The film is the story of high school senior Ruby Rossi. She is a child of deaf adults (the CODA of the title). She gets up every morning at 3am to go fishing with her dad and deaf brother because some has to be able to hear the radio and talk with the hearing world. She joins the choir and meets a music teacher who will change the course of her life, assuming that her parents won't need her forever.

Bring tissues. Lots of tissues. Don't worry the film is full of happy tears, buckets and buckets of happy tears. I have not seen a film that make me this stupidly happy in a long time. 

What I love abut the film is that despite the film hitting any of the expected notes, Heder tweaks them in such away that she improves upon them. I kept thinking that she would do certain things, and she did, put she put them in places that I never expected and made me feel all warm inside.

Eugenio Derbez as Bernardo Villalobos, the choir master is the teacher we all should have had. I was actually lucky enough to have one exactly like him, a Mr Ronald Wickie in grammar school. He had a  passion for music that was unmatched and which he passed on to everyone he taught. Like Mr V he found ways to connect to the kids and literally change their lives.

Troy Kotsur deserves an Oscar for his portrayal of Ruby's dad. If you want to know the moment where my brain exploded watch him as he "listens" to his daughter sing with his hands. Performances don't get better than that. I also was rocked at something that happened later that left be unable to do much of anything for a good long while after the film ended.

And yes Emilia Jones is awesome and Oscar worthy, but everyone will tell you that so you don't need me to repeat it.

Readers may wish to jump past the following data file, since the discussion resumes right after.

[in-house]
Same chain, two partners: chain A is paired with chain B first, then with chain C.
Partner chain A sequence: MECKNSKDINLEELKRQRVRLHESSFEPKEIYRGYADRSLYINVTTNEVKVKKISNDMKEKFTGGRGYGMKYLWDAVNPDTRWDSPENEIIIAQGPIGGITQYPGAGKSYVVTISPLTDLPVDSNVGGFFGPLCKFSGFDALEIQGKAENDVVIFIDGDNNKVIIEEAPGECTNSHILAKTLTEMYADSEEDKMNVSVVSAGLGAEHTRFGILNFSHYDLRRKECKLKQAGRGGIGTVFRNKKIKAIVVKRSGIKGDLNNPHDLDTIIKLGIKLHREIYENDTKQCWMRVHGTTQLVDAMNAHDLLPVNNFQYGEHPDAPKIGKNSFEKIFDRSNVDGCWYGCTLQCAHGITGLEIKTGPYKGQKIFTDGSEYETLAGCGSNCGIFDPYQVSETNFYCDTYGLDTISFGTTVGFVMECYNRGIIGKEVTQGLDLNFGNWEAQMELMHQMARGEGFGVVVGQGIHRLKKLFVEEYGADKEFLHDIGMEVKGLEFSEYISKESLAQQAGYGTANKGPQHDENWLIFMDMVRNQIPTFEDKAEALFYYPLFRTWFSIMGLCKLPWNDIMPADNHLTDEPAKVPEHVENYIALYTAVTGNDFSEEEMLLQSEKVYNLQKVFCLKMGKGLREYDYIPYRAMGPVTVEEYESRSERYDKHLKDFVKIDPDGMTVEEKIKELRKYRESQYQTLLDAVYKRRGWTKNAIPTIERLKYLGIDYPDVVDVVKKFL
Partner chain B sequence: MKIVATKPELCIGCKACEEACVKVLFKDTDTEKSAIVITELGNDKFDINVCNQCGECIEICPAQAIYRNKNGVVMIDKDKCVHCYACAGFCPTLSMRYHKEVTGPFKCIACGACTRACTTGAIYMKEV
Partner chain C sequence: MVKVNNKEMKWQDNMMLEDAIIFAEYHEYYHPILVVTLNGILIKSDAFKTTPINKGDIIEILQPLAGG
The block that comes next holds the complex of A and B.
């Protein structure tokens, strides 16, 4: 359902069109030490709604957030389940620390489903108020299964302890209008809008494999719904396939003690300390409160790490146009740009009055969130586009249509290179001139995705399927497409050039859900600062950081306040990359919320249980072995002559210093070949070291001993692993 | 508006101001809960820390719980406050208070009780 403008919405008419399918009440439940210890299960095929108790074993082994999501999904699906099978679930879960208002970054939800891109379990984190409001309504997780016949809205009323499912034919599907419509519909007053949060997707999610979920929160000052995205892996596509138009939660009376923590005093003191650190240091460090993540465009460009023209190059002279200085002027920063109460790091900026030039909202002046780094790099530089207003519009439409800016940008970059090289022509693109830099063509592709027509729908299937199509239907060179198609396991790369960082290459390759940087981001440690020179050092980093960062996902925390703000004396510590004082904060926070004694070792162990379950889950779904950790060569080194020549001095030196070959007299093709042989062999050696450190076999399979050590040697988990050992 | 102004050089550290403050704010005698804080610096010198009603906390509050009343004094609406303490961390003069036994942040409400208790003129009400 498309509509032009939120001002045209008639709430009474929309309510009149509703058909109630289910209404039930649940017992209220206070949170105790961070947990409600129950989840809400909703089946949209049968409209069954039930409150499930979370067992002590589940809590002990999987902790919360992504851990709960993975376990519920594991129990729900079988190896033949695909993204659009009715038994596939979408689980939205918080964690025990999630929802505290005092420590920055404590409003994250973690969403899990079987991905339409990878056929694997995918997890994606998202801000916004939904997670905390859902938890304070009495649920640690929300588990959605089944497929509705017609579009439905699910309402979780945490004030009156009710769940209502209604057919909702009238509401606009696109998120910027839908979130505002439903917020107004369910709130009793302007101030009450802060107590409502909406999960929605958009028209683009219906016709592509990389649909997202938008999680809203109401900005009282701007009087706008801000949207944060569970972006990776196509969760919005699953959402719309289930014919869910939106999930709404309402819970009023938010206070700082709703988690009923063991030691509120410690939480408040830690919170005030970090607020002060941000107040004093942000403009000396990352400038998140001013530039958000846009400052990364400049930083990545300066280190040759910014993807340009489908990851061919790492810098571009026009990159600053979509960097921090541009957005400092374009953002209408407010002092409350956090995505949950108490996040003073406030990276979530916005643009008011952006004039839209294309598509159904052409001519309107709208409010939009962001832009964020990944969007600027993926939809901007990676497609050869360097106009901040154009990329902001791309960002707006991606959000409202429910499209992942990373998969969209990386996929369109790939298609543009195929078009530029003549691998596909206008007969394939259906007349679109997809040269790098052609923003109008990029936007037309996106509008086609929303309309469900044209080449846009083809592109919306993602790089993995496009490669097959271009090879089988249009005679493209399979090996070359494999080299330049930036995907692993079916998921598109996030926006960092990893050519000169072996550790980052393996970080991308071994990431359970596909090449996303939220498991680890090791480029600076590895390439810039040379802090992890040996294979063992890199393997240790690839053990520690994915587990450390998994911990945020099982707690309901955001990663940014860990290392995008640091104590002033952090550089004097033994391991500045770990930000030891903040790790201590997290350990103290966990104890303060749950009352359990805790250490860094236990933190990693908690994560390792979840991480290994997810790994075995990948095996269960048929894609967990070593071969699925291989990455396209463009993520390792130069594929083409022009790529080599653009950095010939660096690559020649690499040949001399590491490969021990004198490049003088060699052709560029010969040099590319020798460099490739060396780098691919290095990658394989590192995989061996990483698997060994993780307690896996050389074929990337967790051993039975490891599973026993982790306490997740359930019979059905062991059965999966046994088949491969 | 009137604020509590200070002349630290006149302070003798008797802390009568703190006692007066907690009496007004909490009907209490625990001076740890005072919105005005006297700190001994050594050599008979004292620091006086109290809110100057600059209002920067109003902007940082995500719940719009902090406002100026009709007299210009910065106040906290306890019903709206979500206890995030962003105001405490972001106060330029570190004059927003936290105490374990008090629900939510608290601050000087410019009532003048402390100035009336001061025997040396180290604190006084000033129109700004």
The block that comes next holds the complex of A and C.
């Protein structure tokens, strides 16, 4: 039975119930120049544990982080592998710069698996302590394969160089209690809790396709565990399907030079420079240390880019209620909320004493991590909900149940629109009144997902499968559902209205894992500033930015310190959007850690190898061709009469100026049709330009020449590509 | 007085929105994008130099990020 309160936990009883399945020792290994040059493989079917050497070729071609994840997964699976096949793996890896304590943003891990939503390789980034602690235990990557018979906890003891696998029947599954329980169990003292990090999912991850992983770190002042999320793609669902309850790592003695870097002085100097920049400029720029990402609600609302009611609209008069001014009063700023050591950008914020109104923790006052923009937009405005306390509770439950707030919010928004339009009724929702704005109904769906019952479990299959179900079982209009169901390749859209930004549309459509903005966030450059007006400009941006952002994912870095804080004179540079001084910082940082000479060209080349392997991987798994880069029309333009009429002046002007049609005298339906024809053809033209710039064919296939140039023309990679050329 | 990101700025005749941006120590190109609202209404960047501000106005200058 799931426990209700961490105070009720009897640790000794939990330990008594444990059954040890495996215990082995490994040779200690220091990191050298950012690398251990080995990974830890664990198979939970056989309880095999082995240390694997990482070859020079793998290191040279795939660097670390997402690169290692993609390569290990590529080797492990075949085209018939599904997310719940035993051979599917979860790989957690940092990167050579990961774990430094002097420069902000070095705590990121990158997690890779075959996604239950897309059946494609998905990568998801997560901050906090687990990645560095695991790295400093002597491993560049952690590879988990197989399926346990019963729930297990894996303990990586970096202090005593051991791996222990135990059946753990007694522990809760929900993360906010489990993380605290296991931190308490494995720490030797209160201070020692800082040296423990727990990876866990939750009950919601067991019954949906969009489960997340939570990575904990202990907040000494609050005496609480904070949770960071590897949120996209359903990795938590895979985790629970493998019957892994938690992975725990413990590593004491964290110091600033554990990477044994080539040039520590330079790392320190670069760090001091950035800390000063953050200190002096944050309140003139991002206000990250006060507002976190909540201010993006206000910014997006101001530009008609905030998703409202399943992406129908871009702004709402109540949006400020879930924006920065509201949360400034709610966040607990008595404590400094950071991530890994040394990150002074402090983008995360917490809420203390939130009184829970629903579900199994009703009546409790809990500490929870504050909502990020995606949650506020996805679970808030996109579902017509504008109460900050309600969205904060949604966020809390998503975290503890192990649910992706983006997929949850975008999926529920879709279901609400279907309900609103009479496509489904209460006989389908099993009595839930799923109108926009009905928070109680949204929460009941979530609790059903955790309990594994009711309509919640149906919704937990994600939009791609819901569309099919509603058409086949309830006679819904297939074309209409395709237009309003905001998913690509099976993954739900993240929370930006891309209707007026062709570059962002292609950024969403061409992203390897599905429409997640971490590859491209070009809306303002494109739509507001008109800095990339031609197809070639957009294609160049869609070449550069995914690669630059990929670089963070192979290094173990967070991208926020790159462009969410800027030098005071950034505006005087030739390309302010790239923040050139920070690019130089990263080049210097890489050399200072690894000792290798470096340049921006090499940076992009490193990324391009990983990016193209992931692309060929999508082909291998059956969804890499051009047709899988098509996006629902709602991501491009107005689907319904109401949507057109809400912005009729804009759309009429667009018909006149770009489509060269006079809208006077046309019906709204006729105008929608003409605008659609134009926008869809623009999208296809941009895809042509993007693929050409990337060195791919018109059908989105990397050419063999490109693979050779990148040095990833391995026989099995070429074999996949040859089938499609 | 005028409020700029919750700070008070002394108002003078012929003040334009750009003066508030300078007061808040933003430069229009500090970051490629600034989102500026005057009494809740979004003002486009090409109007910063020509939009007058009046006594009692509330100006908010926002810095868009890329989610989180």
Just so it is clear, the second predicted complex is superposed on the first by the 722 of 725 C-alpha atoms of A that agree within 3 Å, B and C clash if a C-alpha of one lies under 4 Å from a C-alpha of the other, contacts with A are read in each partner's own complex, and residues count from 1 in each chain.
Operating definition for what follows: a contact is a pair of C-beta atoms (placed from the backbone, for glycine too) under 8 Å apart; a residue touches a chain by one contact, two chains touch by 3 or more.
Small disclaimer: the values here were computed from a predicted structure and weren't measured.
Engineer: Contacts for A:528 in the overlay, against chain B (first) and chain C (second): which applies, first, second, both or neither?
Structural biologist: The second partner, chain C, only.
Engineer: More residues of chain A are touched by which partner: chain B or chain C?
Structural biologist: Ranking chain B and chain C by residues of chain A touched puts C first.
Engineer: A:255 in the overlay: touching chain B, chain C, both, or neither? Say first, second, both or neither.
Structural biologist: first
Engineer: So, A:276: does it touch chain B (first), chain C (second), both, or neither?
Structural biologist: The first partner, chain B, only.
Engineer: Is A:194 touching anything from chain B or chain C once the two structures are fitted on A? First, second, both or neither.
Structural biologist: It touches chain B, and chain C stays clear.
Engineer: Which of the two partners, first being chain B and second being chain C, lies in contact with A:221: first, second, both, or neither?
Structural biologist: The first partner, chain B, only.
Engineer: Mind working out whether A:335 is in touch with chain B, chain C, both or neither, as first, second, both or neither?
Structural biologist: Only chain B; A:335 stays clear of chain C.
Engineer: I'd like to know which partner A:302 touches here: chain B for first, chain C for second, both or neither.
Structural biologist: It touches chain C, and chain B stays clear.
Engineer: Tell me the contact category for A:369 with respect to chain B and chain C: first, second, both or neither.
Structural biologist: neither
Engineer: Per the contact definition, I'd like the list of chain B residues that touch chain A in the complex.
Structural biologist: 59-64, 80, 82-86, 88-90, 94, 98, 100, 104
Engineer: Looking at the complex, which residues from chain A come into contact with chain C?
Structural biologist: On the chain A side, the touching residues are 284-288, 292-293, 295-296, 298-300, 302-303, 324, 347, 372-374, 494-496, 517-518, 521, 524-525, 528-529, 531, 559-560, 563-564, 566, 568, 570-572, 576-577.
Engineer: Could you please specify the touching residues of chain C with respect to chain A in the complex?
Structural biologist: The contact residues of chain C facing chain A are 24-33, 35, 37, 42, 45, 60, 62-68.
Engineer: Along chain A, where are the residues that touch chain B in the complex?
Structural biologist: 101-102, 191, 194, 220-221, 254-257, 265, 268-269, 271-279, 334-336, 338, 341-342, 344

And did I tell you that the film is funny? It is very very funny for all the right reason, especially since the jokes are situational and real.

I freaking love this film and can't recommend it enough.

Censor (2021) Sundance 2021

The during 1980's video nasties debate in England a film censor runs across a film that mirrors the the tragic events that happened to her and her sister years before. This then sets her on a course to find out if there was perhaps a connection

This well made and perfectly constructed film is missing a heart and any scares. Made to echo and riff the 1980's horror films, as well as some  from the 1970's (say Argento's SUSPIRIA) the film spends too much time trying to be a homage instead of something original.  

I have to give director Prano Bailey-Bond  a lot of credit. She has made a beautiful horror film. Its one of the best looking horror film in years. Its a stunning film. The problem is she left the scares in the editing  suite. I never felt any chills despite the films best efforts.

I was lucky enough to watch this at midnight during the world premiere. I love to watch horror films late at night when the scares get intensified by the sleep that is dancing around my mind. I've been accused of liking some horror films simply because I watch them only late at night. That maybe true but you have to watch horror movies when the monsters are supposed to come out. Its a magic time and that was why I chose to watch CENSOR then.